Another European Society, the European Society for Medical Oncology (ESMO), published their clinical practice guidelines on NEN ([52, 53], updated 2012 [54, 55] and 2016 [56]) from a slightly different perspective. Furthermore, societies from several countries issued guidelines, e.g. the North American Neuroendocrine Tumor Society [57, 58, 59, 60, 61, 62, 63, 64, 65, 66, 67, 68], the Polish Network of Neuroendocrine Tumours ([69, 70, 71, 72, 73], updated 2017 [74, 75, 76, 77, 78]), the Nordic Neuroendocrine Tumor Group [79, 80, 81, 82], the Canadian National Expert Group [54], the Spanish Society of Medical Oncology [83, 84, 85], the Brazilian Gastrointestinal Tumour Group [86], and the UK and Ireland Neuroendocrine Tumor Society [87, 88]. Although this list is certainly not complete, it allows recognition of region-specific differences in the handling of NEN, but also underscores the ongoing difficulties in managing patients with NEN.

This and a subsequent issue of REVIEWS IN ENDOCRINE AND METABOLIC DISORDERS are devoted to practical aspects in the current management of neuroendocrine neoplasms, written from individual experts in their specific field to assist clinicians involved in the daily care of NEN who may be somehow overwhelmed by the large number of published guidelines.

Guido Rindi and his co-authors start with their perspective on histology of NEN in their paper CYTO-HISTOLOGY IN NET: WHAT IS NECESSARY TODAY AND WHAT IS THE FUTURE? [89]. Matthias M. Weber and co-authors discuss the endocrine evaluation of functioning NEN in their paper HORMONE SECRETING GASTRO-ENTERO-PANCREATIC NEUROENDOCRINE NEOPLASIAS (GEP-NEN): WHEN TO CONSIDER, HOW TO DIAGNOSE? [90]. Javier G. Castillo and co-authors give us some insight on diagnostic evaluation of carcinoid heart disease in their paper ECHOCARDIOGRAPHY IN FUNCTIONAL MIDGUT NEUROENDOCRINE TUMORS: WHEN AND HOW OFTEN? [91]. As localization of the primary tumor in patients with proven NEN is sometimes difficult, Gregory A. Kaltsas and his group present an overview on the MANAGEMENT OF NEUROENDOCRINE TUMORS OF UNKNOWN PRIMARY [92]. With many guidelines initially focusing in NEN of the gastrointestinal tract, pulmonary NEN were somehow neglected, but Robert A. Ramirez and co-authors update us on the MANAGEMENT OF PULMONARY NEUROENDOCRINE TUMORS [93]. Moving to new aspects of treatment, Ernst von Dobschuetz and co-authors answer the question IS THERE ANY ROLE FOR MINIMALLY INVASIVE SURGERY IN NET? [94]. With the frequent occurrence of liver metastases, Philippe Ruszniewski and co-authors present their view on LIVER TRANSARTERIAL EMBOLIZATIONS IN METASTATIC NEUROENDOCRINE TUMORS [95], and Vincenzo Mazzaferro and co-authors discuss THE PLACE OF LIVER TRANSPLANTATION IN THE TREATMENT OF HEPATIC METASTASES FROM NEUROENDOCRINE TUMORS: PROS AND CONS [96]. Although the low proliferation rate in the majority of NEN and the possibility of specific treatments such as biotherapy and PRRT leaves a somehow smaller role for chemotherapy, certain types of NEN may require such an approach, and therefore Ashley Grossman and co-authors answer the question CHEMOTHERAPY IN NETs: WHEN AND HOW [97]. As NEN may occur as part of multiple endocrine neoplasia syndromes with important consequences for the patient and family members, Triona O’Shea and Maralyn Druce discuss WHEN SHOULD GENETIC TESTING BE PERFORMED IN PATIENTS WITH NEUROENDOCRINE TUMOURS? [98]. Finally, it is less known, that Merkel cell carcinoma is a skin cancer with a neuroendocrine phenotype, and Claus Garbe and co-authors enlighten us on similarities and differences in their article MERKEL CELL CARCINOMA: EPIDEMIOLOGY, PATHOGENESIS, DIAGNOSIS AND THERAPY [99].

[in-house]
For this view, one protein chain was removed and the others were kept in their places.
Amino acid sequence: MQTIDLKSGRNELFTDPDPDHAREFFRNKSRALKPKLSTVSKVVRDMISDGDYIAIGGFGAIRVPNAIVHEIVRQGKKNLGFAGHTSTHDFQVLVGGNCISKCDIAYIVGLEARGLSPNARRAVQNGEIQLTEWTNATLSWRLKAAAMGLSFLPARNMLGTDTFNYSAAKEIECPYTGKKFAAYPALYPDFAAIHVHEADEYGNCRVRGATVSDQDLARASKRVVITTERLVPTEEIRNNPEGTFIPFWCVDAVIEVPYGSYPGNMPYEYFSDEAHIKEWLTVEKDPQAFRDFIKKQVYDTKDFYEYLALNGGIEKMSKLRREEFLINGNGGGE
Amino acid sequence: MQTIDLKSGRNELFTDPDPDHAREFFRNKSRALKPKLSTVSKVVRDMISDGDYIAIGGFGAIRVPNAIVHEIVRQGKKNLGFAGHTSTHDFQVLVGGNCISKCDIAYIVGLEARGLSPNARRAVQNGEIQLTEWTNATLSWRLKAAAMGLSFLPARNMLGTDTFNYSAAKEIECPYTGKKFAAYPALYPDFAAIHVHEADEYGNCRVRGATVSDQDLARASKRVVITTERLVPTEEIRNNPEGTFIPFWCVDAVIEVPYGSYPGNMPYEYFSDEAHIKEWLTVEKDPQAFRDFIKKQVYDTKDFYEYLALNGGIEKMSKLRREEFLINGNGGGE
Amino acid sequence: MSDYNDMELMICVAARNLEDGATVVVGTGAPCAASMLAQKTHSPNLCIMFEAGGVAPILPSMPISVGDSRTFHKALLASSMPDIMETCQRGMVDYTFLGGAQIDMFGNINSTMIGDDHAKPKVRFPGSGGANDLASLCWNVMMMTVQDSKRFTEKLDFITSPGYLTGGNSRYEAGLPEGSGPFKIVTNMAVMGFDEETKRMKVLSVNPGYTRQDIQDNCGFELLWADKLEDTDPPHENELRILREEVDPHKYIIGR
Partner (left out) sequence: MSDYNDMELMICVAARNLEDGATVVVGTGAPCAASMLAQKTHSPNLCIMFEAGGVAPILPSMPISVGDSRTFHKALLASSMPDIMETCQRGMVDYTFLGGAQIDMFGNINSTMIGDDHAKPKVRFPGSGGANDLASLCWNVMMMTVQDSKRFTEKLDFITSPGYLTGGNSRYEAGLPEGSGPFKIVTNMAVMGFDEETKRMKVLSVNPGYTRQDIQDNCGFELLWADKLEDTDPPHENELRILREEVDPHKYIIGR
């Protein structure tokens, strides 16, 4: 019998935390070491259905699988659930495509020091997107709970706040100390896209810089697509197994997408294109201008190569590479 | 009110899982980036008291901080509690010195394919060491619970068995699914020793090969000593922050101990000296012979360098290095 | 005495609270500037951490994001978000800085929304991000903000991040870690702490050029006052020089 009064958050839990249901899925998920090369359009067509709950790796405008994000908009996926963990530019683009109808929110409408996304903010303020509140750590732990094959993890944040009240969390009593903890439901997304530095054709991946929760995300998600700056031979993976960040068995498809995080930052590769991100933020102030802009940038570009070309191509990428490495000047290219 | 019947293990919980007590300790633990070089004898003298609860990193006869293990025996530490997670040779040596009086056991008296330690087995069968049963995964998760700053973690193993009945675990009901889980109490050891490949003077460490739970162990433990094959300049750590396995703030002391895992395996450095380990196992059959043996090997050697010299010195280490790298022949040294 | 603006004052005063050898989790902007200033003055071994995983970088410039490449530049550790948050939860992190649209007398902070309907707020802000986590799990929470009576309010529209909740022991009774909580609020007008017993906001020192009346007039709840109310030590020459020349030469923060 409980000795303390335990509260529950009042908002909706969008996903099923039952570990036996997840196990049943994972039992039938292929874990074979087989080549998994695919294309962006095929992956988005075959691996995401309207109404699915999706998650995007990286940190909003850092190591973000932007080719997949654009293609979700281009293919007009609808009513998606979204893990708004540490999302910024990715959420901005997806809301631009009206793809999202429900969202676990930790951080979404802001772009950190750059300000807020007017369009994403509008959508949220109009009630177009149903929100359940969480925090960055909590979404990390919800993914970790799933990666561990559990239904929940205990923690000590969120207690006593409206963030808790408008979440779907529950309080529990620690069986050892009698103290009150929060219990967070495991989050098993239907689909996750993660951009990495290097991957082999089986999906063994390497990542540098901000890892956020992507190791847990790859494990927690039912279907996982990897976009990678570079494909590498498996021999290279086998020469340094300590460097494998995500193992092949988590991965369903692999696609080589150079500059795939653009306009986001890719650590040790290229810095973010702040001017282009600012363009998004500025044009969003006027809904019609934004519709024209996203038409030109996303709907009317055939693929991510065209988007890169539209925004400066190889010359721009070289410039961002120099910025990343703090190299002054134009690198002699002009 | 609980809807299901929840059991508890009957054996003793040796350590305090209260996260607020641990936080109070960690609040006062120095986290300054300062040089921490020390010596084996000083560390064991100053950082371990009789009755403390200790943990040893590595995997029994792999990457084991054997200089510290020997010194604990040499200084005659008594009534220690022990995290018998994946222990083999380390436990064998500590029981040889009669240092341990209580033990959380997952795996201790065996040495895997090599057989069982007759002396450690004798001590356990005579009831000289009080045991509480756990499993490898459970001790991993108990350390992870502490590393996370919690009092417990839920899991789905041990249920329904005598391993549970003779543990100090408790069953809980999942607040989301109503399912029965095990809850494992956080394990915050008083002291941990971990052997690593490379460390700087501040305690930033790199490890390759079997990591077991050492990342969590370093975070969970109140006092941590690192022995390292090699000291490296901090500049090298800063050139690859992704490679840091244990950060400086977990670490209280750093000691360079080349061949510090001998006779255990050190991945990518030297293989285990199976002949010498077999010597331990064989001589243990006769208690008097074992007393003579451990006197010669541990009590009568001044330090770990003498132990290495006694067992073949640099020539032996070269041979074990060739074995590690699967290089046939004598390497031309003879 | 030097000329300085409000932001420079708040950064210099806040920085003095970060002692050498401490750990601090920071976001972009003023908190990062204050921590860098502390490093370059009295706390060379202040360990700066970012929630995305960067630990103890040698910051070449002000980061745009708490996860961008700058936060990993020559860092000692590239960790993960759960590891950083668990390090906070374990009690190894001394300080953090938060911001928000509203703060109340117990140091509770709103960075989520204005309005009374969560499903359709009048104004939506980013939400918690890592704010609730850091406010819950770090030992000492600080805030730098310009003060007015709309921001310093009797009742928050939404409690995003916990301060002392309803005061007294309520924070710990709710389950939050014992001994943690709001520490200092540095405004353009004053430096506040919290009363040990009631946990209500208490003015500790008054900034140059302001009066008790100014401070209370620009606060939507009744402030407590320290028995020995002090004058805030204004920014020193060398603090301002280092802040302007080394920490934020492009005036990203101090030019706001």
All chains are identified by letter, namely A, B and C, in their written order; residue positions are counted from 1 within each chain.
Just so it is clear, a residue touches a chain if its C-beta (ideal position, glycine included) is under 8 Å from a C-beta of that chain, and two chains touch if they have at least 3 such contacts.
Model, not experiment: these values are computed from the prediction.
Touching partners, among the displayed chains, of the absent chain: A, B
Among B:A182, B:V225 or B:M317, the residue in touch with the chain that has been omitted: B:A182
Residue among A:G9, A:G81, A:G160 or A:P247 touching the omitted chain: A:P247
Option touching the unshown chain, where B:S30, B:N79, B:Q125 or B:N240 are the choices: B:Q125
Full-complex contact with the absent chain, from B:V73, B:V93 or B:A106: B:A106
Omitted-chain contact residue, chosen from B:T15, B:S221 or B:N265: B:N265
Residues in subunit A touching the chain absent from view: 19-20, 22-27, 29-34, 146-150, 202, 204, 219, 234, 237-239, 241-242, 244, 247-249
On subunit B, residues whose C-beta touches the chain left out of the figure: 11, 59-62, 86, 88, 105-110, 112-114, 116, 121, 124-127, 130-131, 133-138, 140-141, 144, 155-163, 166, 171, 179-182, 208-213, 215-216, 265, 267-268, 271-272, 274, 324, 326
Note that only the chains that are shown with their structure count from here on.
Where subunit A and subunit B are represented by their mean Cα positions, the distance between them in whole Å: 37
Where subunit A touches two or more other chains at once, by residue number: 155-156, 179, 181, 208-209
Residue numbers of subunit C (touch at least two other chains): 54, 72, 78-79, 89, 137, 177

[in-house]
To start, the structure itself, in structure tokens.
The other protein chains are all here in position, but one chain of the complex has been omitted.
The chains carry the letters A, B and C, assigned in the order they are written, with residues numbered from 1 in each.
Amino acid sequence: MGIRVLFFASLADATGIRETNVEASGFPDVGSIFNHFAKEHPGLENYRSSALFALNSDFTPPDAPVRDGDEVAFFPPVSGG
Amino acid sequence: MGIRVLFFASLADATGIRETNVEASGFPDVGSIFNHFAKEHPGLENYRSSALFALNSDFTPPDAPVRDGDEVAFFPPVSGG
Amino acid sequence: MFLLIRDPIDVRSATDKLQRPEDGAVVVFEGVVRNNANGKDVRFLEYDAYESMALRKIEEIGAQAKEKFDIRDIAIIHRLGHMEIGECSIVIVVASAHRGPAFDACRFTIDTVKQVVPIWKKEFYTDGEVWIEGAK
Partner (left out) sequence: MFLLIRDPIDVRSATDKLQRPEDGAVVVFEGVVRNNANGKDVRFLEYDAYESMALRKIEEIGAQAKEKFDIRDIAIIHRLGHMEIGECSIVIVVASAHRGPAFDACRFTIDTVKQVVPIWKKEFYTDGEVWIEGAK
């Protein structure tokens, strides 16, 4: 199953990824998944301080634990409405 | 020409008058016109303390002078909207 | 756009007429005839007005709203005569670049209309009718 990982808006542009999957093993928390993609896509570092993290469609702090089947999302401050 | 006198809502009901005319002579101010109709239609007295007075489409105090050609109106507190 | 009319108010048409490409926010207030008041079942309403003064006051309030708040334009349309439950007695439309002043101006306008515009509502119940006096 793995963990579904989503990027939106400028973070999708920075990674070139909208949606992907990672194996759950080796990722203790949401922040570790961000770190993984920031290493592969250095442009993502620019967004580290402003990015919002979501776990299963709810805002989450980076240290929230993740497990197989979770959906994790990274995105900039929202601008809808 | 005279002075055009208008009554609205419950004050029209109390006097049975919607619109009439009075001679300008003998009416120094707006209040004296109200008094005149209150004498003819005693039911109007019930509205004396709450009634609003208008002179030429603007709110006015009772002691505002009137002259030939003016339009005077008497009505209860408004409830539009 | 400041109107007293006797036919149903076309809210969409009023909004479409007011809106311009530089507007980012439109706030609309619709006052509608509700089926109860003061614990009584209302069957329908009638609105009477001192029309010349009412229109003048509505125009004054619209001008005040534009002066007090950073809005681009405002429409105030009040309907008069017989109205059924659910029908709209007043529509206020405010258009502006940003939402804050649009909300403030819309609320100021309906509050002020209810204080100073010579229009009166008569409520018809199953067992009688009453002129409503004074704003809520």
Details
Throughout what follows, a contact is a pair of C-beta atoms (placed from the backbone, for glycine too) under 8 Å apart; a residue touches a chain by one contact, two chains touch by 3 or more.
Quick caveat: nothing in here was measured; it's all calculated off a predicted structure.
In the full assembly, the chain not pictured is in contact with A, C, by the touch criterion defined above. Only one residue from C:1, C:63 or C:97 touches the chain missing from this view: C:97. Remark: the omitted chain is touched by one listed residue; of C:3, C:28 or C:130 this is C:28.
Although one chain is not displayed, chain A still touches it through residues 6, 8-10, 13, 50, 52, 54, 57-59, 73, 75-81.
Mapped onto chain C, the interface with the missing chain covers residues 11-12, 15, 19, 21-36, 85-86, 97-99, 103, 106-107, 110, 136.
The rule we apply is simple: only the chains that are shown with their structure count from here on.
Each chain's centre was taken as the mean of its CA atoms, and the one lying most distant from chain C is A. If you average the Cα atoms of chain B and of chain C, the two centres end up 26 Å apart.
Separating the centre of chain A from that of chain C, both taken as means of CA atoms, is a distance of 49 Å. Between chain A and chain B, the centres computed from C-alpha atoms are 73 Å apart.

We hope that this first part of 2 issues of this journal devoted to the management of NEN will provide you with the most up-to-date information on key areas in the management of NEN. We are thankful to our colleagues across the world for summarizing their vast experience, and look forward to give you further insight into this orphan disease form which still poses a major challenge to the caring physician.

Notes

Compliance with ethical standards

Conflict of interest

Prof. Stephan Petersenn declares that he has received fees for serving as a consultant on advisory boards for Ipsen and Novartis, and for presenting at workshops organized by Ipsen, Novartis, and Pfizer. He has no conflict of interest related to this article.

Prof. Christian A. Koch declares that he has received fees for serving as a consultant on the Advisory Board of Novartis. He has no conflict of interest related to this article.

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Copyright information

© Springer Science+Business Media, LLC, part of Springer Nature 2018

Authors and Affiliations

  1. 1.ENDOC Center for Endocrine TumorsHamburgGermany
  2. 2.Medicover Oldenburg MVZOldenburgGermany
  3. 3.Department of Medicine IIITechnical University of DresdenDresdenGermany
  4. 4.University of LouisvilleLouisvilleUSA